- The Washington Times - Friday, March 20, 2009

California’s Republican Gov. Arnold Schwarzenegger said Thursday President Obama will lead his state and the nation to economic recovery, standing beside the Democrat despite supporting Mr. Obama’s rival during the 2008 election.

Mr. Schwarzenegger trumpeted the $51 billion in funds California is getting from the president’s $787 billion economic stimulus plan, calling it a great package that benefits the state “tremendously.”

“I’m so happy we are getting these kind of benefits from the federal government and from President Obama,” the governor said, calling the president a “fantastic partner.”

Mr. Obama was finishing out a two-day swing through Southern California with a town hall meeting. He touted the administration’s housing plan and new Web site MakingHomeAffordable.gov, and told Californians his stimulus plan would create 396,000 jobs.

Earlier at an electric vehicle plant in Pomona, Mr. Obama announced a $2.4 billion challenge grant for the creation of long-lasting batteries and parts for electric vehicles, saying he has a goal of putting 1 million hybrid cars on the road by 2015.

The money will allow for upgrades of factories and create jobs, he said.

“Show us that your idea or your company is best suited to meet America’s challenges, and we will give you the chance to prove it,” he said. “We’re also making a $400 million down payment on the infrastructure necessary to get these cars on the road. And because these cars won’t leave the showroom unless consumers buy them, the recovery act includes a new tax credit of $7,500 to encourage Americans to plug one in at home. True to form, true to form, California has already forged ahead with its own plans rather than wait for Washington.”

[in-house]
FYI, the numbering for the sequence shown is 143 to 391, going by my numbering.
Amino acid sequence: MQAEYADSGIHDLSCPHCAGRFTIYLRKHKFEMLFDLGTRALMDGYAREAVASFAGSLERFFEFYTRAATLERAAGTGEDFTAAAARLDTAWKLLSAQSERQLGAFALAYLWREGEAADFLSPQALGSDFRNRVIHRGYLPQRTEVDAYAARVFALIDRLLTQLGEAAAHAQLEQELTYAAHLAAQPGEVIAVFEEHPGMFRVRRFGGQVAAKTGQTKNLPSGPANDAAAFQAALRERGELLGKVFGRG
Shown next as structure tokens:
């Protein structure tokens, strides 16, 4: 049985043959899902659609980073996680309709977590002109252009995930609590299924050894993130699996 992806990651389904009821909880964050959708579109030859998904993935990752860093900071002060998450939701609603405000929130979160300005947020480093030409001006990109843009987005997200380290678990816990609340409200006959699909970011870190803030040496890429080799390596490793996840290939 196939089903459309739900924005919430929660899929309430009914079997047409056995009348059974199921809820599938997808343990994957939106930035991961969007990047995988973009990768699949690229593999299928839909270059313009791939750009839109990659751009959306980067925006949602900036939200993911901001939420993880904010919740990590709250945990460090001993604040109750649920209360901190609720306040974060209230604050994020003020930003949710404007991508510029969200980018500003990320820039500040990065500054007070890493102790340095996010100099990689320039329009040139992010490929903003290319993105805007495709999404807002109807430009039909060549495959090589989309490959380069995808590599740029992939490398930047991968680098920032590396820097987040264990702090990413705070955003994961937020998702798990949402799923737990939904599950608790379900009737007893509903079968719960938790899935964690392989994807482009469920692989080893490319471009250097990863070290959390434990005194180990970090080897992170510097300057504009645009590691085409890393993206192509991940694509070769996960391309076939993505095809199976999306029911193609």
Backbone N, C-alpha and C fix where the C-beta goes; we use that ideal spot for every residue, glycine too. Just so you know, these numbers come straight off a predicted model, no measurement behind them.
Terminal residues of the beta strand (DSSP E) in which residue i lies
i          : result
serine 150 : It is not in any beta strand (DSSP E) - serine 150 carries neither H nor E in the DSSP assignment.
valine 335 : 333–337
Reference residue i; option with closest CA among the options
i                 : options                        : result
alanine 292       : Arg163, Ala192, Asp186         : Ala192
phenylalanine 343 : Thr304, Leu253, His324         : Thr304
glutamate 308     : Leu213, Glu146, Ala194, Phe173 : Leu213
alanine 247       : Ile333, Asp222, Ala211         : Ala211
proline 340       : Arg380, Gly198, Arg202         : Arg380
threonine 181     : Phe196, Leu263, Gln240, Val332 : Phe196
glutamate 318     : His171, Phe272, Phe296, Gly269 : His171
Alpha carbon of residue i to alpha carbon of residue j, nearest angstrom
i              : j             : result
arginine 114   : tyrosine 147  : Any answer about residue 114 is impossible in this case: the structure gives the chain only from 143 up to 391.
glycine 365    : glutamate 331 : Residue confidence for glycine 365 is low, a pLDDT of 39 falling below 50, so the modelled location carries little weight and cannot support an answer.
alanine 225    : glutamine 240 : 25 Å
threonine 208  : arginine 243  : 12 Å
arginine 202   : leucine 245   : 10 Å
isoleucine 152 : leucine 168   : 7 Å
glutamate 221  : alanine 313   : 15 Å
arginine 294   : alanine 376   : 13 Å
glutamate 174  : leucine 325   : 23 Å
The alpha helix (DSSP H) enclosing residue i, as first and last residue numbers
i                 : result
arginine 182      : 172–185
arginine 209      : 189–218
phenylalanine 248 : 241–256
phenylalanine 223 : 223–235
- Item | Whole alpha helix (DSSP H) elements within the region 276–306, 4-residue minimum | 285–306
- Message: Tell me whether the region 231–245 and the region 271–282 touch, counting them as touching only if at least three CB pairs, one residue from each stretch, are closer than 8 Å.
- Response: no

The president also announced $145 million from the Housing and Urban Development Department that would be used in California to rehabilitate vacated homes and for mortgage assistance for low- and middle-income families.

At the Los Angeles town hall, Mr. Obama fielded questions on education, health care and the high cost of living in California.

Mr. Schwarzenegger lavished praise on the man his wife, Maria Shriver, had endorsed before Super Tuesday in 2008 despite his own support for the Republican nominee Sen. John McCain.

The governor said Thursday it “doesn’t matter what party affiliation … we must work together especially during difficult times like right now.”

“I want to thank him publicly for the courageous leadership and the great commitment that he has displayed over these last few months,” Mr. Schwarzenegger said. “We are partners in the fight to get people back to work. We’re doing everything we can to get the U.S. and California economy back on track.”

Mr. Schwarzenegger, the actor-turned-politician who won his seat in 2003 during the recall of Democratic Gov. Gray Davis, was re-elected in 2006 and has hinted he may be interested in a Senate seat one day.

The Republican governor also praised the city’s Democratic mayor, Antonio Villaraigosa.

“The age of ‘Yes, we can’ begins today,” said Mr. Villaraigosa, using the Obama campaign slogan. “Mr. President the people of this town are ready to get back to work.”

The president repeatedly has said during the campaign-style swing he loves the Golden State’s weather, and joked when Mr. Schwarzenegger was introducing him that he wanted it to go on longer because he’d been “soakin’ in some rays” outside.

Mr. Obama was to appear on the “Tonight Show” with Jay Leno Thursday night before returning to Washington.

Mr. Obama for a moment mocked people who “suggested I shouldn’t be on Leno” or who think he’s handling too much at once.

“I say our challenges are too big to ignore,” he said.

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